Oral and Oropharyngeal Cancer: What You Should Know Part 2
In a previous article, we discussed the prevalence, development, and risk factors for oropharyngeal cancer. Today, we will tackle the signs and symptoms, treatment options, and preventive measures for the disease responsible for the death of at least one person per hour.
Possible Signs and Symptoms
For most cancers, the danger lies in its progression. In the case of oral cancer, one of its real threats is during its early stages since it can go unnoticed. This disease of the mouth can be painless, accompanied by zero evidence of physical change. The good news is, however, that your general practitioner or dentist can, in most cases, trace or feel the precursor tissue changes while it is still small.
The area infected with the disease may appear as a white or red patch of tissue in the mouth, or an indurated ulcer which resembles a common canker sore.
It is important to remember that several benign tissue changes frequently occur in your mouth. Some of these benign tissues could be as simple and harmless as a bite on the inside of your cheek, which may mimic the look of a dangerous and cancerous tissue change. If you possess any sore or discolored area inside or around your mouth that does not heal within two weeks, make sure to consult a professional as soon as possible.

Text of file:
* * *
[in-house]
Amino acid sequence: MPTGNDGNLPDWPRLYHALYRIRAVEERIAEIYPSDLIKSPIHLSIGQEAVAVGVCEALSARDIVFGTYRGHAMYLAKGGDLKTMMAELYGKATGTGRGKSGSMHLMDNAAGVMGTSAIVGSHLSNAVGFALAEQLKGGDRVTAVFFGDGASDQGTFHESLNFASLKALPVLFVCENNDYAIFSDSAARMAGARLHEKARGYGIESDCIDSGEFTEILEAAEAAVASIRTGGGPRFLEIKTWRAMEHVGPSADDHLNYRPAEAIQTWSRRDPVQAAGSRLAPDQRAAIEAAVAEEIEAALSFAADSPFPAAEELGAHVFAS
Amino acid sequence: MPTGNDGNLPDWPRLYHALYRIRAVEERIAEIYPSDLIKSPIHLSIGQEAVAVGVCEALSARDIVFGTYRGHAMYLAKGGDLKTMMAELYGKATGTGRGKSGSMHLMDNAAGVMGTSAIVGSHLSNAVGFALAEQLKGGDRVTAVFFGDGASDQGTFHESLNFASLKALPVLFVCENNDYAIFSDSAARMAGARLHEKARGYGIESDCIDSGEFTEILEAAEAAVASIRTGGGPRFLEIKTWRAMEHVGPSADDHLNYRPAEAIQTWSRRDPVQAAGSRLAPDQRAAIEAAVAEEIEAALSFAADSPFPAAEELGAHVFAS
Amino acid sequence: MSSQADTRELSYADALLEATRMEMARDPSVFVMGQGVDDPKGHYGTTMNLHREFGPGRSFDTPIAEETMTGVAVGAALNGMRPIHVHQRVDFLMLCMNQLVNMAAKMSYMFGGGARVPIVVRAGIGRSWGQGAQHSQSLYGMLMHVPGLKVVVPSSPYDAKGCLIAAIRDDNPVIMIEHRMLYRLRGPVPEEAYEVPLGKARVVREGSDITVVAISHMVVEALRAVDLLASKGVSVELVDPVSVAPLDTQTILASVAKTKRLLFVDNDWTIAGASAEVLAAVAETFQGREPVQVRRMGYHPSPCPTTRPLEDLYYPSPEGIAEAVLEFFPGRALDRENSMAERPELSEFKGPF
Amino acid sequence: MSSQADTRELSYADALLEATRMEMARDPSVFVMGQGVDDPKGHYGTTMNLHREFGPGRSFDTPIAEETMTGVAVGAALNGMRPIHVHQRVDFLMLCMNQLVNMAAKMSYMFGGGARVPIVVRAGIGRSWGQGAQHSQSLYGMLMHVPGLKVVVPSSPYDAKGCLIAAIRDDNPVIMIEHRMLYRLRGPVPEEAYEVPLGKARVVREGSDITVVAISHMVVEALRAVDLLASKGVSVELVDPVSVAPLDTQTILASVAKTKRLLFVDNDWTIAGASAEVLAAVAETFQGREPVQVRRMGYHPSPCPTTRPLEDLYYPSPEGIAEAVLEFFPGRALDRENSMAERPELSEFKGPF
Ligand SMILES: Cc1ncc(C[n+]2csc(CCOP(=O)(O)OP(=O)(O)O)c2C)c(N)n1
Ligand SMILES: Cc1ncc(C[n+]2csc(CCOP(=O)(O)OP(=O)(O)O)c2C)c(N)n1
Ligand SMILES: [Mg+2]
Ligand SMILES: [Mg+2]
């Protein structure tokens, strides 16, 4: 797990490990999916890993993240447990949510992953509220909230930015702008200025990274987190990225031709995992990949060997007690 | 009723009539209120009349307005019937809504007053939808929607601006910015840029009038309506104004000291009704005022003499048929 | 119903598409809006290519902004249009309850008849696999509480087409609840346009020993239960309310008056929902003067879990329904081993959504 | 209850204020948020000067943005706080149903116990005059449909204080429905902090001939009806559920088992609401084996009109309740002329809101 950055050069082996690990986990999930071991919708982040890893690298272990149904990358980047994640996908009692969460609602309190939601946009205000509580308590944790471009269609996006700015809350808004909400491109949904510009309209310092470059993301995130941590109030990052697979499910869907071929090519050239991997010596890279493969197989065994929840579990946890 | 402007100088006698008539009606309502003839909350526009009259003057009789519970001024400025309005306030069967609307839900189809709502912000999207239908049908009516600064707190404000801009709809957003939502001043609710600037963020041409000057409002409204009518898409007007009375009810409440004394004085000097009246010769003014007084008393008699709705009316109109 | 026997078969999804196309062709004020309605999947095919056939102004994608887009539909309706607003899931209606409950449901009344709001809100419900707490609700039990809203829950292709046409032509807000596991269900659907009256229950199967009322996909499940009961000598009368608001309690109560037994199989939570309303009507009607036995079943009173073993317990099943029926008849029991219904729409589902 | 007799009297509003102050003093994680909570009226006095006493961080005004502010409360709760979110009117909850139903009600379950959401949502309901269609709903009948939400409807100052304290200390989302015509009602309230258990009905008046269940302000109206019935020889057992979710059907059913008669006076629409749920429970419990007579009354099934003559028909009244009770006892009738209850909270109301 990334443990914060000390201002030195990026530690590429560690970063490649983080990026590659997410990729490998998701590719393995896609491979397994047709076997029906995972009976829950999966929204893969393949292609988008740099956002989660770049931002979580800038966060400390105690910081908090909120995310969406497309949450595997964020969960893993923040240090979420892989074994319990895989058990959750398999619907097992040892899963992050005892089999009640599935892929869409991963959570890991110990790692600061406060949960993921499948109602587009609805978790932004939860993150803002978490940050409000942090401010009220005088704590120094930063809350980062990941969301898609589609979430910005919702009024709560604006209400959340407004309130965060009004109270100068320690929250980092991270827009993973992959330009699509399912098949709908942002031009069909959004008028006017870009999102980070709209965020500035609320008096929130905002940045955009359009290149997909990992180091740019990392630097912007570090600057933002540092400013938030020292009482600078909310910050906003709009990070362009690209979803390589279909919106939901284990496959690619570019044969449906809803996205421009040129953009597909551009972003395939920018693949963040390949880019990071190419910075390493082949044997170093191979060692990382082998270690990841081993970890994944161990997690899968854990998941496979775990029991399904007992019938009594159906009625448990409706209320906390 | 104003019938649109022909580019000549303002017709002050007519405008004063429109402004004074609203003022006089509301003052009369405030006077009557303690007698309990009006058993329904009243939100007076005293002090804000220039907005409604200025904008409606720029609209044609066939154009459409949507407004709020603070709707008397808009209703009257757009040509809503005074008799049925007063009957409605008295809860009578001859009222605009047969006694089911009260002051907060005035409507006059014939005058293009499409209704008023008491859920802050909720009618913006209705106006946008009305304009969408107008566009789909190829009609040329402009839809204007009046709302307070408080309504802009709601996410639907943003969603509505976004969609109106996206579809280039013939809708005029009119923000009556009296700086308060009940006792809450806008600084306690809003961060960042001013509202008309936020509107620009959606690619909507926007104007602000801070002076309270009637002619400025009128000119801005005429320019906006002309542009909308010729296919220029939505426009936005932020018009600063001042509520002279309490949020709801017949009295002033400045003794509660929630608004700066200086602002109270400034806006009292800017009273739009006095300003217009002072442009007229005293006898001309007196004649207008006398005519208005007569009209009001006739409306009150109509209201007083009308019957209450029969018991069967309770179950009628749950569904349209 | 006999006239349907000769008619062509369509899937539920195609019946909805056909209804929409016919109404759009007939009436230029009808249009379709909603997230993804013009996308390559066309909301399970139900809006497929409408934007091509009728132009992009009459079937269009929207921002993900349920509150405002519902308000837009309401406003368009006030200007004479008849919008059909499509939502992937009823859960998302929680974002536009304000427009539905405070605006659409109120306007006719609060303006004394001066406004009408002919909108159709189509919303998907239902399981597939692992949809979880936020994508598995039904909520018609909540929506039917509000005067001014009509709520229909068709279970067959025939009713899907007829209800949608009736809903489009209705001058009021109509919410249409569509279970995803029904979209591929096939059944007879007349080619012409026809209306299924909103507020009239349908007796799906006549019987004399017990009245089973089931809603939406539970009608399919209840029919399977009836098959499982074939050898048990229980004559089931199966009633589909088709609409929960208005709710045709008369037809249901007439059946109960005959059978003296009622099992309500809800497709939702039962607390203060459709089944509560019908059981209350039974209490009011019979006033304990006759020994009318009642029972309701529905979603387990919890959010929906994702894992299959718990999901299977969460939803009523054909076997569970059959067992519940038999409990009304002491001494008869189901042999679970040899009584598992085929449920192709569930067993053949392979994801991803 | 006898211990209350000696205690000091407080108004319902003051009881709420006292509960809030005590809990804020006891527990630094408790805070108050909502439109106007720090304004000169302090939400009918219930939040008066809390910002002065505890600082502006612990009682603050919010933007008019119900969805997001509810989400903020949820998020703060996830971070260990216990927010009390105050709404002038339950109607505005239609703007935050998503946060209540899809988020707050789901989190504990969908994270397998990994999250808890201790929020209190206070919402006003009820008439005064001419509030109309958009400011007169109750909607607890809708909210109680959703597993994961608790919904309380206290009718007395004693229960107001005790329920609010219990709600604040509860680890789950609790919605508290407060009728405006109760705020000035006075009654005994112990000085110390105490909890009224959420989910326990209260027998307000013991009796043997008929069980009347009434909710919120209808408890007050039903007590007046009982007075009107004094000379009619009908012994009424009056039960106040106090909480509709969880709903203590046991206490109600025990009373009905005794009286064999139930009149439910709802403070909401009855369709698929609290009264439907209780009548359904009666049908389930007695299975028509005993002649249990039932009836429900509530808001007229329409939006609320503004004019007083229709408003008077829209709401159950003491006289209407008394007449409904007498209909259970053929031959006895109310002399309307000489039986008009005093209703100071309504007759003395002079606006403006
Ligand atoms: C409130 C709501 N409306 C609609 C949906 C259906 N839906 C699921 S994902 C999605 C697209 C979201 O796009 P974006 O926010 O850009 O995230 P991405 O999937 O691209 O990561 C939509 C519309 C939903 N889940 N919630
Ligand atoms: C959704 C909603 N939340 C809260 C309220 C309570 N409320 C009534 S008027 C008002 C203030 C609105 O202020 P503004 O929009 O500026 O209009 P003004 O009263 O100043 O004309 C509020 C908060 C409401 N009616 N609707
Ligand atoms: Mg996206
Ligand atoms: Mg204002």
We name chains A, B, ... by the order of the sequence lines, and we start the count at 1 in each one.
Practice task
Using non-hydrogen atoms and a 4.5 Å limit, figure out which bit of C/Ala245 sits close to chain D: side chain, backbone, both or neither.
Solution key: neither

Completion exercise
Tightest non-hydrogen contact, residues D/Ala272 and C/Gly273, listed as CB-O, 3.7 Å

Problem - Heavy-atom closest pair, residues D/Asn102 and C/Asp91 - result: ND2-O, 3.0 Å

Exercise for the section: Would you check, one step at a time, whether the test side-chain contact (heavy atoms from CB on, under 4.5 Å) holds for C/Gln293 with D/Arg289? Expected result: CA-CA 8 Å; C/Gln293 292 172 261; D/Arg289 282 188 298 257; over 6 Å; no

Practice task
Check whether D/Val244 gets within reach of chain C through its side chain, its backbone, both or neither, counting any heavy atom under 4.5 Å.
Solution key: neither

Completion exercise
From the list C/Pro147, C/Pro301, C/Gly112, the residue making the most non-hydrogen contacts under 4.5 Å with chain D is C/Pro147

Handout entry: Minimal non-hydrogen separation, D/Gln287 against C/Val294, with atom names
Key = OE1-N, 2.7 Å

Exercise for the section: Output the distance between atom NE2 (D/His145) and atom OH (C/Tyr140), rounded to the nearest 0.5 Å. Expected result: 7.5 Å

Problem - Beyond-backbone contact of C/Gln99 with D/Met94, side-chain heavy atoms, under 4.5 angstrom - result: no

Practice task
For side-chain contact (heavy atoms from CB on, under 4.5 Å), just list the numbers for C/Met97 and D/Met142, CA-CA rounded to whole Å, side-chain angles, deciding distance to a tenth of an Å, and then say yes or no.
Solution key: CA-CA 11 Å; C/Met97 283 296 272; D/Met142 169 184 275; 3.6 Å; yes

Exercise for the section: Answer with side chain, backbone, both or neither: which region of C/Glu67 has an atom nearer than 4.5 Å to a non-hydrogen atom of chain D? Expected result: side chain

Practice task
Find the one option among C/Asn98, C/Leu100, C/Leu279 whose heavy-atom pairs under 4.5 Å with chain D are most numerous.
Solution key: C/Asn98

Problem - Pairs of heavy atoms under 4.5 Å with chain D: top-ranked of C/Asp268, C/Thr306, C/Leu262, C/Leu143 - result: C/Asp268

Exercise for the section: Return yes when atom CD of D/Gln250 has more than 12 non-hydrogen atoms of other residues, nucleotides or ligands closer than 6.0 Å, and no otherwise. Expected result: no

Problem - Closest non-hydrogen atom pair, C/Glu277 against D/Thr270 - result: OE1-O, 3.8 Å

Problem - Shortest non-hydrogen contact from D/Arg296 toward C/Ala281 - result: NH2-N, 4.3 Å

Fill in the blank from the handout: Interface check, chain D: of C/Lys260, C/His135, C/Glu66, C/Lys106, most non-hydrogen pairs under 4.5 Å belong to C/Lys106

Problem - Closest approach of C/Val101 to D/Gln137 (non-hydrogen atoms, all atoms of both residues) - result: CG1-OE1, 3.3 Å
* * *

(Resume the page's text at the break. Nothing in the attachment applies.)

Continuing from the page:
More common and noticeable symptoms of oral cancer include a conspicuous lump inside the mouth or neck, which causes pain or difficulty in chewing, swallowing, or speaking. In addition, any wart-like masses, hoarseness that lasts for a long time, and any numbness in the facial region are forewarnings. Unilateral persistent earache or otalgia is also a rare, yet possible warning sign.
Where It Develops
The lips are not a major site for oral cancer occurrence, but it is possible to develop the disease around this external area. More common areas for the oral disease to develop are in the anterior (front) of the mouth, the floor of the mouth, and on the tongue. If you favor chewing tobacco, you are more likely to have cancer develop in the sulcus between the lips or cheeks, and the soft tissue (gingiva) covering the bottom jaw (mandible) where the plug of tobacco or cigars is repeatedly held.
There is also a small percentage of cancers unique to the salivary glands and the very dangerous melanoma. In the United States alone, cancers of the hard palate are quite uncommon, though not unknown. These include the base of the tongue located at the back of the mouth, the oropharynx, the pillars of the tonsils, the tonsillar crypt, and the tonsil itself. These cases usually develop in the mouths of young, non-smoking individuals.
If your doctor or dentist finds that an area is suspicious or in danger of oral cancer, the only way to determine whether it’s harmless or cancerous is to do a biopsy of the area. It is crucial to have a firm diagnosis as early as possible. Your general dentist or medical doctor may also refer you to a specialist to have the biopsy performed. This should not be cause for alarm since it is a normal and recurring part of medical referring — a standard practice between doctors of different specialties.